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Spring, TX
#11
Social media keeps otherwise perfectly sane people triggered. A lot of people that I previously thought of as friends now believe every conspiracy theory they can find on the internet. Tin foil hats sells must be soaring right now


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i would agree with this. i have advocated that nothing good comes from social media. Yesterday was a direct result of social media. As such, I have removed myself from social media. I no longer want to be part of the problem. I wish others would follow suit. Social Media brings out the worst in people and makes those worst behaviors seem normal for the right, left, and middle. Its awful.
 

PokeJ

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Oct 27, 2003
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#14
Social media keeps otherwise perfectly sane people triggered. A lot of people that I previously thought of as friends now believe every conspiracy theory they can find on the internet. Tin foil hats sells must be soaring right now


Sent from my iPhone using Tapatalk
i would agree with this. i have advocated that nothing good comes from social media. Yesterday was a direct result of social media. As such, I have removed myself from social media. I no longer want to be part of the problem. I wish others would follow suit. Social Media brings out the worst in people and makes those worst behaviors seem normal for the right, left, and middle. Its awful.
And they blindly believe anything they read on social media regardless of the source. Kind of like the sports forum on OP


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jetman

Federal Marshal
Nov 27, 2004
15,001
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Edmond Oklahoma
#15
Growing up I had easy access to guns & ammo. I could easily grab a rifle and go hunting or shoot cans out on our property. Just about everyone I knew had access to guns & ammo as well, yet school shootings were virtually non-existent. Something change along the way, and I don't think it has anything to do with availability.
When I was a kid in Perkins in the 80's my friends and I all had .22 rifles and one of my friends had a .357 pistol. We were 12-14 years old. We could go into the hardware store on main street in Perkins and buy all the ammo we could afford and take our guns down to the Cimarron River and go shooting. Nobody thought anything about it. Especially not the guy that owned the hardware store who sold us the ammo. Nobody ever even thought about a school shooting back then.
 
Nov 16, 2013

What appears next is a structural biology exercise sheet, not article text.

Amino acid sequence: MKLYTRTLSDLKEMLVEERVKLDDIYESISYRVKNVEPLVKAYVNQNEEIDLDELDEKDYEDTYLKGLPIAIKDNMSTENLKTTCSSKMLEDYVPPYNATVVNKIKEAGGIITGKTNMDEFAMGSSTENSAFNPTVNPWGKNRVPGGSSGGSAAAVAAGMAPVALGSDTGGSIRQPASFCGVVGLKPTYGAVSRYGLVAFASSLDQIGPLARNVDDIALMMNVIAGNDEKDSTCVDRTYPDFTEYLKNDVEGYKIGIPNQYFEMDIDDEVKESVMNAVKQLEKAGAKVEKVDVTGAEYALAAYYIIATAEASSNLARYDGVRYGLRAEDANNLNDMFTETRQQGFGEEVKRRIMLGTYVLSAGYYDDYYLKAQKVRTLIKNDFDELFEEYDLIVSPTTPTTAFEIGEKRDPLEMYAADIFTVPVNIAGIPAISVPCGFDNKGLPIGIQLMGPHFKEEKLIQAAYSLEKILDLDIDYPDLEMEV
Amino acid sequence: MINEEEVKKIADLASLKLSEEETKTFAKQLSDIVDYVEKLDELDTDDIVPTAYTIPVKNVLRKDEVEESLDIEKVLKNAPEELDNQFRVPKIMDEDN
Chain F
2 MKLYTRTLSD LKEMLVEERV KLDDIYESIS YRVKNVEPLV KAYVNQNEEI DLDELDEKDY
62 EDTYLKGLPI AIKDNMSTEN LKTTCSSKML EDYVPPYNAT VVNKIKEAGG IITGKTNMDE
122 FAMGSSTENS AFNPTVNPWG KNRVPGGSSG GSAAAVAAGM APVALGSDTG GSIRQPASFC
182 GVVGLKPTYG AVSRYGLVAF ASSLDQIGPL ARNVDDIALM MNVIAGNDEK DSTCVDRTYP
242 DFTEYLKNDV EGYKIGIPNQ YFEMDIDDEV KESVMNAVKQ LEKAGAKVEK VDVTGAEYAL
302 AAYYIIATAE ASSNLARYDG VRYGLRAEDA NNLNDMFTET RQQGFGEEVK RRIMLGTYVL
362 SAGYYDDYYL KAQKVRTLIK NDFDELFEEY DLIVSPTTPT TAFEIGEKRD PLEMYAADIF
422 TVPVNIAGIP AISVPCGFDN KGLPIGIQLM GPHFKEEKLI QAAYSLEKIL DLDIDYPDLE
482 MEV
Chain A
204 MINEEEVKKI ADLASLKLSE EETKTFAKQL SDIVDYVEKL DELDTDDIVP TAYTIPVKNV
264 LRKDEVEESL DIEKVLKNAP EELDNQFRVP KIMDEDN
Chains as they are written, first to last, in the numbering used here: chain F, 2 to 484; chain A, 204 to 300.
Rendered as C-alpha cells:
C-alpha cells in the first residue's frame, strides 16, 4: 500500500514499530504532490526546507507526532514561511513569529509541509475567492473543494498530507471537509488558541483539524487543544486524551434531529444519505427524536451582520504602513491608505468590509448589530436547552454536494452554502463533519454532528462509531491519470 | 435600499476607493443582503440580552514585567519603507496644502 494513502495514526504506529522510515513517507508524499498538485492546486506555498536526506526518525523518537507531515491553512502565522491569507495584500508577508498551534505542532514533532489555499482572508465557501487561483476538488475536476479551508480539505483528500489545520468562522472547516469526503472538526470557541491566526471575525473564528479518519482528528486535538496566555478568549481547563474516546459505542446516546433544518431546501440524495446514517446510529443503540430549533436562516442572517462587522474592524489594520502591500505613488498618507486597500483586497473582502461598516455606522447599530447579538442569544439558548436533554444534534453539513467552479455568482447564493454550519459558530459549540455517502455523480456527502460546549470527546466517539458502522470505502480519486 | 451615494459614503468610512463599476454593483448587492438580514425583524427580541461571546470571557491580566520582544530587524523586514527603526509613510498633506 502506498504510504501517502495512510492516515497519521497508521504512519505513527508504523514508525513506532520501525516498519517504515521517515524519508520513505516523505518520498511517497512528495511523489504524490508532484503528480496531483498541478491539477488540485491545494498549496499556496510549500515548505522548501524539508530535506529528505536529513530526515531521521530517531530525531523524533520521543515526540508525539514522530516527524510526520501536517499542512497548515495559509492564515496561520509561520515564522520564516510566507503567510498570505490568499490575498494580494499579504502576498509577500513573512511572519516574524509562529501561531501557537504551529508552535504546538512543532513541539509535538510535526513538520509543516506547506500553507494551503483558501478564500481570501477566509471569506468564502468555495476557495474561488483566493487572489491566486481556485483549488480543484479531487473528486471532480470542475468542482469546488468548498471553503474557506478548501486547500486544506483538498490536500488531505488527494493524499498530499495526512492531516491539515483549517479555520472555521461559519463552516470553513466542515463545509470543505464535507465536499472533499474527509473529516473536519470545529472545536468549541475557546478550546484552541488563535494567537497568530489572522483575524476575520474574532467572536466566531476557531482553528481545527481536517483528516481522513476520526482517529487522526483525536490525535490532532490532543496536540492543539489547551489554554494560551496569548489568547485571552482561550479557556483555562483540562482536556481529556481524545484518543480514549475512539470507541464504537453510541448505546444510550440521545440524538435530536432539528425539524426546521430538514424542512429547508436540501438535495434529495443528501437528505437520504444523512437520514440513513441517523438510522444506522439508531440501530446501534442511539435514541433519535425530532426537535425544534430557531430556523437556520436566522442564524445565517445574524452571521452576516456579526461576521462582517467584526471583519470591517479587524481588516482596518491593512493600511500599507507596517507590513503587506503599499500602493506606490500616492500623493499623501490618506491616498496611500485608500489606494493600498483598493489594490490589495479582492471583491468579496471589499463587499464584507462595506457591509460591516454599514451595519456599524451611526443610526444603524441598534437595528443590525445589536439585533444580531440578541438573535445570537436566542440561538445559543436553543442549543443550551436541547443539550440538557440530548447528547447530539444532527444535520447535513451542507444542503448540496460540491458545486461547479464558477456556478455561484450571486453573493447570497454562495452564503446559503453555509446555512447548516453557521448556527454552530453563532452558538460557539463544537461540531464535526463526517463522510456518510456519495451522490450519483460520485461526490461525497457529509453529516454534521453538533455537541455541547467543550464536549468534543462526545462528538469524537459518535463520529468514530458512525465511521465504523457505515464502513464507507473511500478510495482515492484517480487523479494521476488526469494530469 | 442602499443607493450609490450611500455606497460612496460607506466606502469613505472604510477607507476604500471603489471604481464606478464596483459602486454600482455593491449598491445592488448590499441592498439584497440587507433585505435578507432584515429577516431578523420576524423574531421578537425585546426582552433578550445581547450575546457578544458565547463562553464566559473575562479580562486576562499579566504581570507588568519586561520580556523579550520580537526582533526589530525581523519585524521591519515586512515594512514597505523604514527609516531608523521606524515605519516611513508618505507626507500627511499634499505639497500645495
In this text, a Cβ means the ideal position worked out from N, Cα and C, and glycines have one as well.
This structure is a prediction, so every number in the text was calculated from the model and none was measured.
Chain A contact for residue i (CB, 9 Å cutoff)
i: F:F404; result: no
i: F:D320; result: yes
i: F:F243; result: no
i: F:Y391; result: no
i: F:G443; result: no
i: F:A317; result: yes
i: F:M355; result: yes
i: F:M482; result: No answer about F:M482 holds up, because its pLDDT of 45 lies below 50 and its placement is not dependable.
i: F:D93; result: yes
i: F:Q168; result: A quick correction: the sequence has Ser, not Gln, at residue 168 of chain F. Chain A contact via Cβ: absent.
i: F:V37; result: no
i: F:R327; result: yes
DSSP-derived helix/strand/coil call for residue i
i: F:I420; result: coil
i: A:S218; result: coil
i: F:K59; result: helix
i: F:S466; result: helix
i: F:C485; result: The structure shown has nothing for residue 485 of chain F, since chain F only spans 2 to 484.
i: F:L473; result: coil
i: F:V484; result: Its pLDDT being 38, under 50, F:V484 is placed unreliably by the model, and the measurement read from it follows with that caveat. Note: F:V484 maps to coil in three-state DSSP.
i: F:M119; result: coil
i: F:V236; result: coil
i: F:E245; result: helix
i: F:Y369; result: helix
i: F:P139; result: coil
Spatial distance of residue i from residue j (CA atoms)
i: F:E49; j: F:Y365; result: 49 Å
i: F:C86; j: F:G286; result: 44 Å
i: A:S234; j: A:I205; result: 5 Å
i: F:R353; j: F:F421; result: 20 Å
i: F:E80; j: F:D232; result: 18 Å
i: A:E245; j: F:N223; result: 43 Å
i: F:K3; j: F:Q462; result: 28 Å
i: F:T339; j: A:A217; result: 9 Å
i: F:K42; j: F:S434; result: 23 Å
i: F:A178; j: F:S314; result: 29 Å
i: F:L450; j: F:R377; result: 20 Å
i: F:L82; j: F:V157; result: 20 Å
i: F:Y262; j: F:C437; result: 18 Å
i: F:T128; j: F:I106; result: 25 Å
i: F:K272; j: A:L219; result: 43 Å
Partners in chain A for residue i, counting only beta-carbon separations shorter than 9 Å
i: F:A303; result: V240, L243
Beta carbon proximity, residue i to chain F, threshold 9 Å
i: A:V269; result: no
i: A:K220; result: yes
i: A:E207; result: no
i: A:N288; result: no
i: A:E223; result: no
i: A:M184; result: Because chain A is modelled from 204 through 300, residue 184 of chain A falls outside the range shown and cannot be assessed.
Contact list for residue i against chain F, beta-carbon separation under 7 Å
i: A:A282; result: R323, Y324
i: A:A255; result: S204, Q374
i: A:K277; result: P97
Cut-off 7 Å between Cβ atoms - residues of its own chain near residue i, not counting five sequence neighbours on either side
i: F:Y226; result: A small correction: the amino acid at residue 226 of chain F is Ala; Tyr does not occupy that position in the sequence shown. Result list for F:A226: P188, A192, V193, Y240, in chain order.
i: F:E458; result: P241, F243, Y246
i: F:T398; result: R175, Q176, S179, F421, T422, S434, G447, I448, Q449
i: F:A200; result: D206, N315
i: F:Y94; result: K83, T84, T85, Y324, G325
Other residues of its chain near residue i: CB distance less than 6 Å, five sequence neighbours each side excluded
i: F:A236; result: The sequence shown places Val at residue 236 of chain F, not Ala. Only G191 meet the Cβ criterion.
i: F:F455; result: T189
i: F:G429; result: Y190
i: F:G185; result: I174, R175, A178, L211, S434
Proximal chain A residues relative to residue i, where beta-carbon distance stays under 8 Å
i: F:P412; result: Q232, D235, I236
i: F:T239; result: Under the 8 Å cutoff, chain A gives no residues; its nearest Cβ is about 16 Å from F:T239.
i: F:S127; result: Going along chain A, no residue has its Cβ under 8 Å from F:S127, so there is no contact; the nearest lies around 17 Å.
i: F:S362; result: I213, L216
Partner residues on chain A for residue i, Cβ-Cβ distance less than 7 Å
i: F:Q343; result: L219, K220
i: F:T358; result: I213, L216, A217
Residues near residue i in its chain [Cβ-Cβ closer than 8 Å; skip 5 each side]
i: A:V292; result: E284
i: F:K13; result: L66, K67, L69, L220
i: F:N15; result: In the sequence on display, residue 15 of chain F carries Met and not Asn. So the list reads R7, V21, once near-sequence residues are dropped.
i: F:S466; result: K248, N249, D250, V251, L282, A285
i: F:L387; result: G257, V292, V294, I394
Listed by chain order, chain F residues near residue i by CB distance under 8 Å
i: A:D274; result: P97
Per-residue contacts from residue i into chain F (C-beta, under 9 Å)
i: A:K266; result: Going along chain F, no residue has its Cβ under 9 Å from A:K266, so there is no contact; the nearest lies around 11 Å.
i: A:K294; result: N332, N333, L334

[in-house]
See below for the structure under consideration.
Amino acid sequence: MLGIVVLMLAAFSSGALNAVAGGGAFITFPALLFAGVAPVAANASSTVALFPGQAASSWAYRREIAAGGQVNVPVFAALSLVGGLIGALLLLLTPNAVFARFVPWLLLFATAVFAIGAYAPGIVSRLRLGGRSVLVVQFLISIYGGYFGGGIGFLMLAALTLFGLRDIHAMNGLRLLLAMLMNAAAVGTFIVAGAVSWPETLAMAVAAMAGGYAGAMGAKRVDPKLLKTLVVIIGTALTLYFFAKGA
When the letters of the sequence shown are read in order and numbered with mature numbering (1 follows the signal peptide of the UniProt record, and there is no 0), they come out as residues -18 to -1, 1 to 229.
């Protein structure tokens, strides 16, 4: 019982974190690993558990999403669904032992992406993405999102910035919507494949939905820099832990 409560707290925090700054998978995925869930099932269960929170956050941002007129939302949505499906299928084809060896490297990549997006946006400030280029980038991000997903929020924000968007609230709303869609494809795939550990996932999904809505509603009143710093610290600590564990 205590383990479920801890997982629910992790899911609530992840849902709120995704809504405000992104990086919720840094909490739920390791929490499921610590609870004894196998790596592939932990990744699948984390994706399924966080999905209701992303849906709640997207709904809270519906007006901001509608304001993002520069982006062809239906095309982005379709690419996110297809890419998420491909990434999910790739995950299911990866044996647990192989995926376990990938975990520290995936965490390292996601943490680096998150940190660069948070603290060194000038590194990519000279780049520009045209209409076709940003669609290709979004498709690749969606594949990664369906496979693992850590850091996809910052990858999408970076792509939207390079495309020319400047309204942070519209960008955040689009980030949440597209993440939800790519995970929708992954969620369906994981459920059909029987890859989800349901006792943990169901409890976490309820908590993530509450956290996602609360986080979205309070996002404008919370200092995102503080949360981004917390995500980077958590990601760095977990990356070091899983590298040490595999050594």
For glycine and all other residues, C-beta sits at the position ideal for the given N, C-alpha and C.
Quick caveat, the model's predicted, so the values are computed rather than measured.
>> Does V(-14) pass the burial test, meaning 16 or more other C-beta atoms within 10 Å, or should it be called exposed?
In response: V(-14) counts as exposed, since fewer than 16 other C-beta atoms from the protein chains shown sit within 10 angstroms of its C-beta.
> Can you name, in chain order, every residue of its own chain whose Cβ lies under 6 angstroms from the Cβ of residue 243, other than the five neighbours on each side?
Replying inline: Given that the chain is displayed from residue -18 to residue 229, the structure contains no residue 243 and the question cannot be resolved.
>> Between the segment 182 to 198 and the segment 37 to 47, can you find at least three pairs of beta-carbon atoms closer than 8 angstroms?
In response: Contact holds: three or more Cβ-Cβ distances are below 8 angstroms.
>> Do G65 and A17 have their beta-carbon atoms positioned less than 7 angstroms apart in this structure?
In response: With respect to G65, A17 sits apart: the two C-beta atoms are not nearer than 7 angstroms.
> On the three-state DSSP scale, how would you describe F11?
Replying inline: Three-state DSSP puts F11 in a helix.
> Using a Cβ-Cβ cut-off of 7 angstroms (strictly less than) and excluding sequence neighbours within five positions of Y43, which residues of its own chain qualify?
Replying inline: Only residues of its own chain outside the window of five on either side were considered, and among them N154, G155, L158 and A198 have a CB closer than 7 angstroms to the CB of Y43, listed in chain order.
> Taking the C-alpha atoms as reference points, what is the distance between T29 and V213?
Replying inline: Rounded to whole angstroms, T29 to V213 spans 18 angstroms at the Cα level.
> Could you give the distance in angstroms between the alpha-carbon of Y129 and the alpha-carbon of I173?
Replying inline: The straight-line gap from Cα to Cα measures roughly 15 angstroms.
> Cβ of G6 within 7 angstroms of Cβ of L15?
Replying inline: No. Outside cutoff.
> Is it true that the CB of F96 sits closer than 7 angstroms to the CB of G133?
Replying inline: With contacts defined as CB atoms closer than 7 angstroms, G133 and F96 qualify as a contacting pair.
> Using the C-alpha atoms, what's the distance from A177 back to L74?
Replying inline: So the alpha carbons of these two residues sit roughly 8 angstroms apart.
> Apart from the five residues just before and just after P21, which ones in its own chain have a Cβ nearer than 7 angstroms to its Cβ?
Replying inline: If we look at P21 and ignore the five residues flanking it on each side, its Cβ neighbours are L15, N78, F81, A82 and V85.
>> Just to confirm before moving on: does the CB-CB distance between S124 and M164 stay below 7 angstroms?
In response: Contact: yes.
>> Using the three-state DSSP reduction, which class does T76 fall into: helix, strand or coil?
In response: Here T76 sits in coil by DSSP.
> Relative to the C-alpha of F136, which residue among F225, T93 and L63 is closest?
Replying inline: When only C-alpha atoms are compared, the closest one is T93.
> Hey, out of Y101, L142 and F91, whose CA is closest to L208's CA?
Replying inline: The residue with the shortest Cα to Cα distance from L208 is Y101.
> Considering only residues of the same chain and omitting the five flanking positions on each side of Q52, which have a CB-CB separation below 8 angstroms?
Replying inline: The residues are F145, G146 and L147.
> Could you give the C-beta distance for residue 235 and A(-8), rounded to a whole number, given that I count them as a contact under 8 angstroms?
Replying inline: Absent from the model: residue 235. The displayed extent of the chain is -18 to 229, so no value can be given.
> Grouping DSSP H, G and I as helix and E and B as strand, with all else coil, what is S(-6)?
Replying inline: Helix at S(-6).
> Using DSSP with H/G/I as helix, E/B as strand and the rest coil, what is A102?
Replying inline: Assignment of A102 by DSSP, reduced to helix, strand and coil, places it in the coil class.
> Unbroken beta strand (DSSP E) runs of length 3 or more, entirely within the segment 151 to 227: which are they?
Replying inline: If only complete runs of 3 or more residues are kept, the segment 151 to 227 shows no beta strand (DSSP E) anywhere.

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tractor
#16
When I was a kid in Perkins in the 80's my friends and I all had .22 rifles and one of my friends had a .357 pistol. We were 12-14 years old. We could go into the hardware store on main street in Perkins and buy all the ammo we could afford and take our guns down to the Cimarron River and go shooting. Nobody thought anything about it. Especially not the guy that owned the hardware store who sold us the ammo. Nobody ever even thought about a school shooting back then.
I think we can trace it all back to then. The 80's was when we started the nanny state and kids started playing soccer
 
Aug 16, 2012
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#18
When I was a kid in Perkins in the 80's my friends and I all had .22 rifles and one of my friends had a .357 pistol. We were 12-14 years old. We could go into the hardware store on main street in Perkins and buy all the ammo we could afford and take our guns down to the Cimarron River and go shooting. Nobody thought anything about it. Especially not the guy that owned the hardware store who sold us the ammo. Nobody ever even thought about a school shooting back then.
Holy chit. Graduated Cushing in 81 and we did the same. Otasco was where we bought all our ammo. Went down to the site of the old Duncan Bridge NW of Cushing before it got knocked over by a wayward salt water recovery tank careening down the river during a flood in the late 80s.
 

oks10

Territorial Marshal
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Sep 9, 2007
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Piedmont, OK
#19
i would agree with this. i have advocated that nothing good comes from social media. Yesterday was a direct result of social media. As such, I have removed myself from social media. I no longer want to be part of the problem. I wish others would follow suit. Social Media brings out the worst in people and makes those worst behaviors seem normal for the right, left, and middle. Its awful.
I have to say, I'm tempted. There's some good groups I'm in though that I'll miss reading. None political (actually, they all have rules against posting politics), just groups of people with common interests sharing helpful info. Too bad Facebook got rid of the Facebook Groups app that let you ONLY access your groups and not make you deal with everything else Facebook comes with...